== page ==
THEY can’t judge a book without its cover. Publishers and agents have rejected two Booker prize-winning novels submitted as works by aspiring authors.
One of the books considered unworthy by the publishing industry was by V S Naipaul, one of Britain’s greatest living writers, who won the Nobel prize for literature.
In response, Free Lunch writes:
On Sunday London’s Times ran one of those periodic ambush articles in which the reporters make themselves feel wonderfully superior by submitting two Booker-winning novels from the 70s anonymously to 20 publishers and agents. (One is VS Naipaul’s IN A FREE STATE; the other is Stanley Middleton’s A FREE STATE.)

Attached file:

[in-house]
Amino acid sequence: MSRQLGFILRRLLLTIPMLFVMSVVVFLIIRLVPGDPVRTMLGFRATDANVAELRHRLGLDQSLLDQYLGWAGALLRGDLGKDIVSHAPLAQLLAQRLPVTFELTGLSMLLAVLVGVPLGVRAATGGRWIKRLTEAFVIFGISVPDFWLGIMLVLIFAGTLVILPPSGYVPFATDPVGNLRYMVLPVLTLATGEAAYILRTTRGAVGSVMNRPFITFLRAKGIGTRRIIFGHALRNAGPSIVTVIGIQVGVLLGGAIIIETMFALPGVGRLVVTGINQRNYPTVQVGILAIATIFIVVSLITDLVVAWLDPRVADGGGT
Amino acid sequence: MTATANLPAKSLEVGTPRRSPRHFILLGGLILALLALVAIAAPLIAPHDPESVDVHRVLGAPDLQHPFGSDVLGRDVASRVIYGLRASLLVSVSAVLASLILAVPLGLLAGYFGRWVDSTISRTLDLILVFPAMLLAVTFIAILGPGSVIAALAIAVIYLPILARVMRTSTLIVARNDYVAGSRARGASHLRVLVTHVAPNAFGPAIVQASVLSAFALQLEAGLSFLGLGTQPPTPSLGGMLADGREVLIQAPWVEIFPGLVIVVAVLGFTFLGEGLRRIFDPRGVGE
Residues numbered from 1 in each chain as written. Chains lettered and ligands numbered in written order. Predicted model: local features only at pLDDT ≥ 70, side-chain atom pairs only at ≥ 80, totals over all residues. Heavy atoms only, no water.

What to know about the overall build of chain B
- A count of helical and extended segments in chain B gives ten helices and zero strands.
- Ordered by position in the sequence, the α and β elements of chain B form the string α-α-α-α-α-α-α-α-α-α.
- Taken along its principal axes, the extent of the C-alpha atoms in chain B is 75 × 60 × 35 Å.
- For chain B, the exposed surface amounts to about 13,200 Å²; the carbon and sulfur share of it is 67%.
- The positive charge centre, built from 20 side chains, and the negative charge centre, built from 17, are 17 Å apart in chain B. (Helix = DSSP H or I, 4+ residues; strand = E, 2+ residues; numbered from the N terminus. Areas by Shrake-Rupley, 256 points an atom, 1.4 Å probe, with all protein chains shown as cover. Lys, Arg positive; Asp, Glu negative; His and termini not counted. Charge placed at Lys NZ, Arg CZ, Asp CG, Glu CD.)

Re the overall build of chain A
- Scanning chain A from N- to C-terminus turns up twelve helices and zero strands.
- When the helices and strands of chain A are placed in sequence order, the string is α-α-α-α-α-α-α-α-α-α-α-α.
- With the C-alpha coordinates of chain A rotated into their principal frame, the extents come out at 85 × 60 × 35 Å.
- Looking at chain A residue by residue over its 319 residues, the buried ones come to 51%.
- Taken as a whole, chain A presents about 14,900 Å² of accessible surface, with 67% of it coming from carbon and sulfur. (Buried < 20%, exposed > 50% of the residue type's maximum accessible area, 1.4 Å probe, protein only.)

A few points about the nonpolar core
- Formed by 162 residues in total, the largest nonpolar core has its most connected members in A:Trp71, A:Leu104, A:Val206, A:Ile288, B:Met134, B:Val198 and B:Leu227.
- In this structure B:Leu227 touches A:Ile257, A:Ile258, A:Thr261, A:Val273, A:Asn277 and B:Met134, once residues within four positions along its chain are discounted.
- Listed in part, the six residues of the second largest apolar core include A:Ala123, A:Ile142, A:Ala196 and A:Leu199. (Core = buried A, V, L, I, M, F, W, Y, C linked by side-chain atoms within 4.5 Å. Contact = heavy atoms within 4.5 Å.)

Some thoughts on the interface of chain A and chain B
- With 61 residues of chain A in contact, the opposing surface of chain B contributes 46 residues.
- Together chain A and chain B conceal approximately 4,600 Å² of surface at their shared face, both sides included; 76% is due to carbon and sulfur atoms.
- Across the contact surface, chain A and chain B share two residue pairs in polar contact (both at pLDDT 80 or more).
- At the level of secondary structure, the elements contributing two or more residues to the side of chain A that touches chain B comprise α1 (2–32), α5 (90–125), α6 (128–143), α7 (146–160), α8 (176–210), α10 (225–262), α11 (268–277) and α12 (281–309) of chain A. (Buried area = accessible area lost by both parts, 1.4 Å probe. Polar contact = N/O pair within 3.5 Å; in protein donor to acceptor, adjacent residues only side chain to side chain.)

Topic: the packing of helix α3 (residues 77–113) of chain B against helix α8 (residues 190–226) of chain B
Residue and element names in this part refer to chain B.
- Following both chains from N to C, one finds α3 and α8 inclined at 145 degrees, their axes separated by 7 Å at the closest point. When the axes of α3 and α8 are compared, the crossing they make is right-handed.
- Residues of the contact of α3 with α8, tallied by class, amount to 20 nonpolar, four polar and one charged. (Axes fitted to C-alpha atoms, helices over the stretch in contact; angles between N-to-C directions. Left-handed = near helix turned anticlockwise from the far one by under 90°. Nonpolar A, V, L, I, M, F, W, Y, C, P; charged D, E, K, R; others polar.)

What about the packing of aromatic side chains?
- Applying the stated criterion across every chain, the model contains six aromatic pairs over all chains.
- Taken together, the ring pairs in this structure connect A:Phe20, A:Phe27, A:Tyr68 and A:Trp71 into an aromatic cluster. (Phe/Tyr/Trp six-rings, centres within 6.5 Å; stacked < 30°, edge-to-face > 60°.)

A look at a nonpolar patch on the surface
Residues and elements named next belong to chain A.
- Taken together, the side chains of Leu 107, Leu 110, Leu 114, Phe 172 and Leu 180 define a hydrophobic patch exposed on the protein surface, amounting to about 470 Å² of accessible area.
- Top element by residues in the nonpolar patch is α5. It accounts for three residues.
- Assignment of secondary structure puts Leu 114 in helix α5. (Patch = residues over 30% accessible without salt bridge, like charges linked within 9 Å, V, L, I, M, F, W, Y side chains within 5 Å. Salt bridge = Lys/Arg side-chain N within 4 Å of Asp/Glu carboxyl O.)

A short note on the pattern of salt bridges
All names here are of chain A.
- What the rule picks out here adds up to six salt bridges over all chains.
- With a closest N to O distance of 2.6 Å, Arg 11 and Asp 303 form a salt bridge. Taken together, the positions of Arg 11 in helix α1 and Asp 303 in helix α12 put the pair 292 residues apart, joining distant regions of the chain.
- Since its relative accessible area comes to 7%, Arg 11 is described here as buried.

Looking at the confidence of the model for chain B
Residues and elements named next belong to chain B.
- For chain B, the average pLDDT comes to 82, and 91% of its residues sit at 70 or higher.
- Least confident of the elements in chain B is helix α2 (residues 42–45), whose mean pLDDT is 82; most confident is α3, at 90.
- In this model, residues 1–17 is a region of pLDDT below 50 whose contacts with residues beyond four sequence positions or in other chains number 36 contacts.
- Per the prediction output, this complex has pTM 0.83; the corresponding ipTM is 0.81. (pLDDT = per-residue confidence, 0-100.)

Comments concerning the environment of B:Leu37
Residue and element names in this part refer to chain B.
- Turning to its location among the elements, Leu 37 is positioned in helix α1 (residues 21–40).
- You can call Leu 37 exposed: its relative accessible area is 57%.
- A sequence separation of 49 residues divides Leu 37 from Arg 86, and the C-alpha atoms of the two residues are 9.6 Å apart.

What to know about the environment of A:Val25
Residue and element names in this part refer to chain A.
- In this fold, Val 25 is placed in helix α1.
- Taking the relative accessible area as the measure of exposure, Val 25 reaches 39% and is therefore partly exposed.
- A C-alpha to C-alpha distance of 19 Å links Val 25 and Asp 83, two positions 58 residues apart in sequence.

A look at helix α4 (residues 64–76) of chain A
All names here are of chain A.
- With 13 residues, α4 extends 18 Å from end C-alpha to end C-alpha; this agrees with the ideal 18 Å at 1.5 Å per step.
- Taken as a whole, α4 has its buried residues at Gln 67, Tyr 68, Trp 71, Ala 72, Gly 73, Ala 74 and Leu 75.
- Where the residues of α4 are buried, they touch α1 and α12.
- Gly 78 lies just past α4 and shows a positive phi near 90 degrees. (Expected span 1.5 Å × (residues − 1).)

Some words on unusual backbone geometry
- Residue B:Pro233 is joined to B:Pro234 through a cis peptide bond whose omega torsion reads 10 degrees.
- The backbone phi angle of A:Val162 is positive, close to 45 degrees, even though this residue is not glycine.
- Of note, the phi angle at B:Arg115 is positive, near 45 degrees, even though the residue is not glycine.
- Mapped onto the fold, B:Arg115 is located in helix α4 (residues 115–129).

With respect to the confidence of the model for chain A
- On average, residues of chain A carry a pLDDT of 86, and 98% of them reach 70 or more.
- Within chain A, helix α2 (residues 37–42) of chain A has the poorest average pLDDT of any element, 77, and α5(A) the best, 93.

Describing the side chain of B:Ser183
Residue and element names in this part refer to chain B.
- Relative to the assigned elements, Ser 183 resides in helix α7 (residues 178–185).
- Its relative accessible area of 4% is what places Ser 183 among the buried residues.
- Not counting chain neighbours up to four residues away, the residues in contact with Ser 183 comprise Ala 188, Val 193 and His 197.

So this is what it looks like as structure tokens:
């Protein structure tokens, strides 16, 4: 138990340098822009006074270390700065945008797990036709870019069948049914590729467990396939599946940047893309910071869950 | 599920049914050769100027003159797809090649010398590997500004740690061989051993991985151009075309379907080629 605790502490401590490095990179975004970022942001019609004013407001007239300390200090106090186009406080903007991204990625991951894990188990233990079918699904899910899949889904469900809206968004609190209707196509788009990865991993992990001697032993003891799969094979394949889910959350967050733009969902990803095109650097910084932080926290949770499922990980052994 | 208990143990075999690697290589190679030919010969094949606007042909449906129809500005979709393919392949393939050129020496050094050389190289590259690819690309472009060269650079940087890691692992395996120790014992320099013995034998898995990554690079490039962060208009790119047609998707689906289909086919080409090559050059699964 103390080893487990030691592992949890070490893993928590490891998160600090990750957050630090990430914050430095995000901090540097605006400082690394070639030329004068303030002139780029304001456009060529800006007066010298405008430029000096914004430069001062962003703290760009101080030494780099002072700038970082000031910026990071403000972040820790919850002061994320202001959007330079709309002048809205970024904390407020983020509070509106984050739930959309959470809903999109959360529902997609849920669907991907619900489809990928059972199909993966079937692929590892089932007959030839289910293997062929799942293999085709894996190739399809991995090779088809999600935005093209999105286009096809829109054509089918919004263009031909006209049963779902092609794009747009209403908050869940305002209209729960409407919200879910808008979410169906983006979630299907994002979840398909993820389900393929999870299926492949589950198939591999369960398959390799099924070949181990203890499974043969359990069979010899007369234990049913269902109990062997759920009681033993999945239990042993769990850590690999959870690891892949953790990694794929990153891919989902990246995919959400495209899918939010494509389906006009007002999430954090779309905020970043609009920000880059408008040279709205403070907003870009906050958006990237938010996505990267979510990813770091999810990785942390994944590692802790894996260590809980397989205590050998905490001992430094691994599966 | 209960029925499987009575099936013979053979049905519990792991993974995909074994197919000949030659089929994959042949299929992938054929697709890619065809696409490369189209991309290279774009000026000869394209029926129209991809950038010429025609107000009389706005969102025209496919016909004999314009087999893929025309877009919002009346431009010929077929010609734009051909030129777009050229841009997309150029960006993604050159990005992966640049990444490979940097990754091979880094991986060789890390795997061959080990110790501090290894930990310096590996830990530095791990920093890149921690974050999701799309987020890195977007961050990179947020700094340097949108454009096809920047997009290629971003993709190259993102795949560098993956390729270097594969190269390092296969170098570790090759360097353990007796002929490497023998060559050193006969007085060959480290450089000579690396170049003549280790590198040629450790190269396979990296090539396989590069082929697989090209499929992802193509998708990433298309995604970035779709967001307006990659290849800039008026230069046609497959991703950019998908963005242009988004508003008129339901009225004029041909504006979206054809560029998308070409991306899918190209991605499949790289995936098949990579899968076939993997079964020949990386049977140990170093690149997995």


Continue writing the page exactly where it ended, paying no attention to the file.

The paper claims “the exercise by The Sunday Times draws attention to concerns that the industry has become incapable of spotting genuine literary talent.” Don’t you wonder what would have happened if they had done the same thing with some op-ed essays submitted blind to top newspapers?
Mostly they prove that dropping submissions on “top” publishers and agents with no context and no compelling story about the author at holiday time is likely to yield little. (The Naipaul submission “received only a handful of replies”; only half of the newspaper’s queries were answered before they wrote the article.) They also take it as a given that Booker winners from three decades should remain inherently compelling to the publishing world today, though they didn’t bother to even check Bookscan results for the two books.
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